Level with your child by being honest. Nobody spots a phony quicker than a child.
City Kid by Mary MacCracken
Mary MacCracken was a teacher in the 70's who wrote several semi-autobiographical books about her experiences besides City Kid.... A Circle of Children, Lovey: A Very Special Child, and Turnabout Children. City Kid is written after the first two, which were set in a private school for extremely emotionally disturbed children.
Karen G has a post about Mary MacCracken: A great teacher.
There is a PDF article called Tory Hayden's Teacher Lore: A Pedagogy of Caring which discusses Mary MacCracken's work a little. Otherwise I couldn't find a lot about her. So I don't know what became of her in the last 30 years or what impact her work had on educational theory in later years.
That "pedagogy of caring" is interesting because it also seems to describe what Sylvia Ashton-Warner practiced and what possibly drew John Holt to recommending homeschooling after several years of trying for school reform.
In City Kid, the school she was working for, where she worked with emotionally disabled kids, had closed, and in order to continue to teach, MacCracken had to go back to the university in order to get her degree and certification. In her 40's, with a blended family of several teens and young adults, she was attending classes with kids young enough to be her kids. Part of the book describes her university life and the other part describes a special interning opportunity she got to work in a pilot program that focused on emotional therapy for problem children. She describes vividly the discrepancy between university classes, completely closed away from any contact with kids and even detached from very much discussion of real issues of how to get through to kids, and her actual sessions at the school where she was assigned to work directly with one kid, even if that was only for 3 1-hour sessions a week.
The child she worked with was Luke, a 7 year old from the ghetto who was labeled as resistant and unreachable because no one who tried to intervene was able to get him even to talk to them. He was falling way behind in second grade because he drifted and missed lots of days at school. He also liked to set fires, which had gotten him into trouble with the law several times.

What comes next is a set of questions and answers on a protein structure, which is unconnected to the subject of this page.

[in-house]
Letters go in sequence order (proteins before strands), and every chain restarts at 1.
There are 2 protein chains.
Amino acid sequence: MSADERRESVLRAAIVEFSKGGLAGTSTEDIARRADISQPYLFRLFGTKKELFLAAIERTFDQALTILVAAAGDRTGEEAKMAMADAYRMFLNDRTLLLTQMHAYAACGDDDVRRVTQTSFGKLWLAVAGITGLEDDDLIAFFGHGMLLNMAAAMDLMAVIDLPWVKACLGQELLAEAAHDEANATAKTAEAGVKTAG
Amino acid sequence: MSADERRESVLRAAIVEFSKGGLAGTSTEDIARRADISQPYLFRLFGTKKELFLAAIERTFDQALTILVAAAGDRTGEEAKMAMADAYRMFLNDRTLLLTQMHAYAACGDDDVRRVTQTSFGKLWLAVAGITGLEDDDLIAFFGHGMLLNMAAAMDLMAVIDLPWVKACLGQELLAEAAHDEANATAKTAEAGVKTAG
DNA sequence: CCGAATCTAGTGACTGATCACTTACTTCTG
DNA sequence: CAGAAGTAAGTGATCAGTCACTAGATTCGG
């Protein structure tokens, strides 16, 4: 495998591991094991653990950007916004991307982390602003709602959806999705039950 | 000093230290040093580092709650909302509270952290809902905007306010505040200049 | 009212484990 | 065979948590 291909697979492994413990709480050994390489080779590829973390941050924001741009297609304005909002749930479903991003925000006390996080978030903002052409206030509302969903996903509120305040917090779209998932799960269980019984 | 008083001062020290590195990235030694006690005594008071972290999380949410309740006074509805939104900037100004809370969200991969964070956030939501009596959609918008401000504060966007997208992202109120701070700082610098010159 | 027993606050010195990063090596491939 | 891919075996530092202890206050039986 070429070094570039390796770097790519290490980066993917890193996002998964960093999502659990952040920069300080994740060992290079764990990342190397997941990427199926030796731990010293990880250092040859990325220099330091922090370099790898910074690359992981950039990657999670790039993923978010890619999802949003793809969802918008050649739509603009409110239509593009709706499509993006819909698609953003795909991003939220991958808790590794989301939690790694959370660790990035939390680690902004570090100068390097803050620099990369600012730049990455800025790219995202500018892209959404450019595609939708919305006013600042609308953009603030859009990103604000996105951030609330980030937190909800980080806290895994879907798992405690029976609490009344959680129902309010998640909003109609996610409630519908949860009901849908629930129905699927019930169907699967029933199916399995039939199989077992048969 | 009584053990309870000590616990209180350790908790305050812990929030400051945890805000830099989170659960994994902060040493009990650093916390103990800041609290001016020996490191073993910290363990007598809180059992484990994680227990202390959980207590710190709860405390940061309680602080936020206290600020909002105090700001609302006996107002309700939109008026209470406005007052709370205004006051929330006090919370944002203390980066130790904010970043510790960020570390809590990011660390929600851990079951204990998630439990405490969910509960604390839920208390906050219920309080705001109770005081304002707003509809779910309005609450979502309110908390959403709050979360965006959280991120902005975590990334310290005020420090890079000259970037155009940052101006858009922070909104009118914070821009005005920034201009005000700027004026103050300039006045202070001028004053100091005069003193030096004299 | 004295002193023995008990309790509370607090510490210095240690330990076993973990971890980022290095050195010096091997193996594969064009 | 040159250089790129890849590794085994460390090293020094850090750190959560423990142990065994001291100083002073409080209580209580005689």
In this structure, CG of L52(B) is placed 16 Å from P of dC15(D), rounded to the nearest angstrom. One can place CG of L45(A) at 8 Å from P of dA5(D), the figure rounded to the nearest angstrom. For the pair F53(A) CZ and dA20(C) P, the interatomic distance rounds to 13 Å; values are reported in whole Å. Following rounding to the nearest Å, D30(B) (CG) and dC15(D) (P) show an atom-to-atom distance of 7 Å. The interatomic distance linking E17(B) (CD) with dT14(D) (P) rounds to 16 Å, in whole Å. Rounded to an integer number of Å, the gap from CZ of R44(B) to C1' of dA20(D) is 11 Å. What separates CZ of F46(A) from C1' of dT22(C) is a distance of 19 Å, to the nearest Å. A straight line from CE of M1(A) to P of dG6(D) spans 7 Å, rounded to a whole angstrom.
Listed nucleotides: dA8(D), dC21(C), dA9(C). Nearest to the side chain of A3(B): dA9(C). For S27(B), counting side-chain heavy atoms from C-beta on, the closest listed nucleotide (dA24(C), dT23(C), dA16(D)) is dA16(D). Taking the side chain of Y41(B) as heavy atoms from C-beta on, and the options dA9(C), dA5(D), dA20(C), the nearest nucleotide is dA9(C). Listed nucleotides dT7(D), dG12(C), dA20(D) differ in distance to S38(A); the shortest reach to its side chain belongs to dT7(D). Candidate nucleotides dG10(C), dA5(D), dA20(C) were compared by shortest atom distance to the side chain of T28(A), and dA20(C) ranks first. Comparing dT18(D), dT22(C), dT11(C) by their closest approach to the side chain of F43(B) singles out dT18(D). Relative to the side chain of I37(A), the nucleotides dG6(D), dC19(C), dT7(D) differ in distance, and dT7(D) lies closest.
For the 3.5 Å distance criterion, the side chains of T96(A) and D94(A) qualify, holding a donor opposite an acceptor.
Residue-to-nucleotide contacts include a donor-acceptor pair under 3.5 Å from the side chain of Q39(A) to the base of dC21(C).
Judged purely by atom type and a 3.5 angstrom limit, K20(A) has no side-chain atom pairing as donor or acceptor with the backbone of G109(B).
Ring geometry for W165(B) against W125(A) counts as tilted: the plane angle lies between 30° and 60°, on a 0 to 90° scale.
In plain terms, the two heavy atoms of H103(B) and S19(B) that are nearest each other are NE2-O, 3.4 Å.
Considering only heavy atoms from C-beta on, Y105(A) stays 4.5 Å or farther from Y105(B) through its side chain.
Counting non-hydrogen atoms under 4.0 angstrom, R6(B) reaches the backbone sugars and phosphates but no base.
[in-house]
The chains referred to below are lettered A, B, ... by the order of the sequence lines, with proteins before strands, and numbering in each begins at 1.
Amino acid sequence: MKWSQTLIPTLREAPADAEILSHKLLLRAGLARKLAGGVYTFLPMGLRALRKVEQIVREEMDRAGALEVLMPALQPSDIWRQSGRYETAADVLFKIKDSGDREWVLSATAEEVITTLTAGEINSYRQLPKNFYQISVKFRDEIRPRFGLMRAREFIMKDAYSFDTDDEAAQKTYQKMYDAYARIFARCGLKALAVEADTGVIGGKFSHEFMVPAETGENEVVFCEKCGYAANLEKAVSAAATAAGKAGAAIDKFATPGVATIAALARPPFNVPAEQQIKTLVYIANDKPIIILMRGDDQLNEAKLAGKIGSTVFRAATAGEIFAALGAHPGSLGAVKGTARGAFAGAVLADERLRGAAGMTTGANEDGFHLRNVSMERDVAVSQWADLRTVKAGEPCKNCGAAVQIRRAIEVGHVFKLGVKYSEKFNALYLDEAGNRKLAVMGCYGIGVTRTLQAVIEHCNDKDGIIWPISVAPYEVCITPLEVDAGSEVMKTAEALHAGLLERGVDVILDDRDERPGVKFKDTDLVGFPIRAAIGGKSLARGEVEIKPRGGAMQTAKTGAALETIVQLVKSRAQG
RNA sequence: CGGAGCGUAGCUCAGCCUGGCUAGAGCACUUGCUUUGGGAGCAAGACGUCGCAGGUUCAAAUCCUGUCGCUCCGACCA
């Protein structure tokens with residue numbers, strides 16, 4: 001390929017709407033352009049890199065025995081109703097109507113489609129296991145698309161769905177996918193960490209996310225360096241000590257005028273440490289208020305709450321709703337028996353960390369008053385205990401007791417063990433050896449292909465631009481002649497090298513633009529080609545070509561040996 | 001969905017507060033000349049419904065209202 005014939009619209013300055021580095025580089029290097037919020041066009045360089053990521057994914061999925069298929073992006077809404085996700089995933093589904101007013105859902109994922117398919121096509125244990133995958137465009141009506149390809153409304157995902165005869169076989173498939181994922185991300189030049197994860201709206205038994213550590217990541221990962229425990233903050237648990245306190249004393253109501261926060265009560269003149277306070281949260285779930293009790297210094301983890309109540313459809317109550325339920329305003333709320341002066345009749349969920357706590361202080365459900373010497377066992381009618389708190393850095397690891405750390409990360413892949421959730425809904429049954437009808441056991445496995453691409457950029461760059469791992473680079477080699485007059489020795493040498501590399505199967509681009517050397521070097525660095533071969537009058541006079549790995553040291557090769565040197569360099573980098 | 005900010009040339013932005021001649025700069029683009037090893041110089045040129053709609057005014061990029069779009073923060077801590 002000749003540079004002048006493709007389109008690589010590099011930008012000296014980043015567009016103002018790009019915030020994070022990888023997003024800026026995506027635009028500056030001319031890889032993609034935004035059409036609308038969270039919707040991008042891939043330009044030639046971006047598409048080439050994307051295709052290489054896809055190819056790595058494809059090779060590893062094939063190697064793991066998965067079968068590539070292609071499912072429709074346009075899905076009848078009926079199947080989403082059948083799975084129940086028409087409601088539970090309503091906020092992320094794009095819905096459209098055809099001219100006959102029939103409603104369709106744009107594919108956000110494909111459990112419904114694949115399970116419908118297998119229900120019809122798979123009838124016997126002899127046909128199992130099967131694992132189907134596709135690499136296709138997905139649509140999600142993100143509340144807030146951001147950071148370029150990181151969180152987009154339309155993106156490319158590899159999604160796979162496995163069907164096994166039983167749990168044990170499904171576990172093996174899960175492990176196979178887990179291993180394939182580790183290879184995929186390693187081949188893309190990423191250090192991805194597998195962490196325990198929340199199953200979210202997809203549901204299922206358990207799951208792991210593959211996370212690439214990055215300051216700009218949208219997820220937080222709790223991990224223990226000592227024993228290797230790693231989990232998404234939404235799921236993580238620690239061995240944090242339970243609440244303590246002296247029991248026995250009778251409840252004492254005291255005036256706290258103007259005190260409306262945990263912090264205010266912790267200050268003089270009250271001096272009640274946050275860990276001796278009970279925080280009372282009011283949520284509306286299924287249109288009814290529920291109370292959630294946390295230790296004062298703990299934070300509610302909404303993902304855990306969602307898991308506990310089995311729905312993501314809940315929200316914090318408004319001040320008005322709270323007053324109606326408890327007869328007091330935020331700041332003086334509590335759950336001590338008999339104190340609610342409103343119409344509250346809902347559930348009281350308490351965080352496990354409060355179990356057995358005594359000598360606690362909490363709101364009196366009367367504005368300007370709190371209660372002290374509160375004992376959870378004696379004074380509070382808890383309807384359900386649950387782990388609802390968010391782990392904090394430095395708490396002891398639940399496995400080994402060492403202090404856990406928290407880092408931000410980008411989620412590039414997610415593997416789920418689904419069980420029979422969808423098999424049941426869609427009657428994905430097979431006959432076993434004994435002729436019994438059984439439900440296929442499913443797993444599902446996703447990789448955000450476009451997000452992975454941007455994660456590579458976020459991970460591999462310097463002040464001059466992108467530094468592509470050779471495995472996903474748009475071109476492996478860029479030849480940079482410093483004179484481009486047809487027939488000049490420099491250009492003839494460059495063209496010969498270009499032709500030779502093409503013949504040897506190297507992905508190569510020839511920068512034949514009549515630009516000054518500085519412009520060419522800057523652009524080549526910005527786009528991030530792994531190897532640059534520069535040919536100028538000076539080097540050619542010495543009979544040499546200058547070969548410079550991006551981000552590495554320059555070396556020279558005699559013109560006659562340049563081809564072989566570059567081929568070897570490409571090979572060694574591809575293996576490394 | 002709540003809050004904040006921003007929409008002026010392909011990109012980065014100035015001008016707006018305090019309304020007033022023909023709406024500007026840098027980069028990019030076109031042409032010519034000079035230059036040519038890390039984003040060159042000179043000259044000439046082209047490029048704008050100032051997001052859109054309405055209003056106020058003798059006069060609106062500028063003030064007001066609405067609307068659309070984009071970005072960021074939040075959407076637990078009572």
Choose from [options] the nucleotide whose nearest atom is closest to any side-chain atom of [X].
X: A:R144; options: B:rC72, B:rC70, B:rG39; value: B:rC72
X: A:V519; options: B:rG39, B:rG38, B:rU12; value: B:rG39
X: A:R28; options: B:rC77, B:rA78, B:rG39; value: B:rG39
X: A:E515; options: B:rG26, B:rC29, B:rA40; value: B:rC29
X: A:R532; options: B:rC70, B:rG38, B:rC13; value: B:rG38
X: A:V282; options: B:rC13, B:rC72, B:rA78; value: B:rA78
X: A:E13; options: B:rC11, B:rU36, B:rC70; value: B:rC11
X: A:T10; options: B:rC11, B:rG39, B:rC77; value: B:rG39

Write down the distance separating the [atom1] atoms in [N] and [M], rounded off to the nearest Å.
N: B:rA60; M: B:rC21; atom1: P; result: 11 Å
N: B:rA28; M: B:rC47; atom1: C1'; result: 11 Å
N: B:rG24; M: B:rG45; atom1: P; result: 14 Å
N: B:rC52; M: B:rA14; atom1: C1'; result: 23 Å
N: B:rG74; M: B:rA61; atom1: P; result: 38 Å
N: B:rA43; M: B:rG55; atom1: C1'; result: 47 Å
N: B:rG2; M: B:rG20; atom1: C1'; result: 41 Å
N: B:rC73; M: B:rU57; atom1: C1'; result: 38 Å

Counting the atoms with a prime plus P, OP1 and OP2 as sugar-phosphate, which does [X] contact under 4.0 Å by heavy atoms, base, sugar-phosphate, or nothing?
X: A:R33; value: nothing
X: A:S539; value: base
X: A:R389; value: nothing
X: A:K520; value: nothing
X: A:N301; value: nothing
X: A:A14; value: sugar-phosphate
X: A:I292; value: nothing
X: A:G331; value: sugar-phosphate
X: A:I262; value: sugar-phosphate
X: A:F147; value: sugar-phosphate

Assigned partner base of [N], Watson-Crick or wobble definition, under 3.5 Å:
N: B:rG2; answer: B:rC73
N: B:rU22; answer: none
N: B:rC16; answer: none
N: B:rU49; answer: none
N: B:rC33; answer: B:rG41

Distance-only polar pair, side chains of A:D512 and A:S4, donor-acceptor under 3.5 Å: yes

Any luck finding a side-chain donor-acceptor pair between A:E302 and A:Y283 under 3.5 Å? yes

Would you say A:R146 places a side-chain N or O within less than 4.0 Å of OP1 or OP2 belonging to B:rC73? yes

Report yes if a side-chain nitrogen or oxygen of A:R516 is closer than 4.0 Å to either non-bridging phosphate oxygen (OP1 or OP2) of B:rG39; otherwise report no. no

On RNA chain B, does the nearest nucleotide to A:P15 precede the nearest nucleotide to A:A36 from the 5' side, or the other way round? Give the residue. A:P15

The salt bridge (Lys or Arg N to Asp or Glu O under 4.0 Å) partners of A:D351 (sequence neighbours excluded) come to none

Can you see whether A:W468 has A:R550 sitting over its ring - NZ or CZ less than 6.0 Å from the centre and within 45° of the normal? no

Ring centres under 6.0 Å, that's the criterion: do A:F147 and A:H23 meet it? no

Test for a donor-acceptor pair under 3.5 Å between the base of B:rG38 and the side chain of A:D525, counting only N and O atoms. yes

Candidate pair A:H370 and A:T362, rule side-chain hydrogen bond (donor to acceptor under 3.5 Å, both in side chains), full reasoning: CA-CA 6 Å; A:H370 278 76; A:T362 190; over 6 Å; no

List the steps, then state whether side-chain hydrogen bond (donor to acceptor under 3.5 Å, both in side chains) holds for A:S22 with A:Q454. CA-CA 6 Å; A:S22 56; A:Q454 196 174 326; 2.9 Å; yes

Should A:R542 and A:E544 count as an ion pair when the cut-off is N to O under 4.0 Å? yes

MacCracken, however, was able to get him to communicate with her. She started off by asking him to draw pictures and then tell her what they were about. She wrote down what he said, which delighted him. Later on she is able to win his trust enough for him to show her his hiding place by the water tower, where his father would put the boy up to guard while he shot up. She meets his mother and his little sister and brother who he has to take care of while his mother is working to support them. And later, by working with a word box and a game show format, and other such simple teaching devices, she is able to bring him up close to grade level in his work. His attendance record goes way up at the school.
But then, in the fall of the next year it turns out that Luke has been "held back" a year, so that he is kept in second grade with his little brother, and it looks like all their progress in trust and learning will be lost completely. The story is very interesting reading, but what is particularly interesting is the way she works with kids through love and warmth, trying many different kinds of ways to break through to them, trusting that the child will show her how to teach them.
I kept the book because her love for working with kids and her commitment to the kids themselves as individuals is very inspiring, even though I don't have her natural interpersonal gifts. As she says, honesty and directness seem to reach through better than many techniques and methods -- most of her teaching materials were improvised, cobbled together from old school textbooks and the like, but she still managed to get the kids learning and confident about what they could do.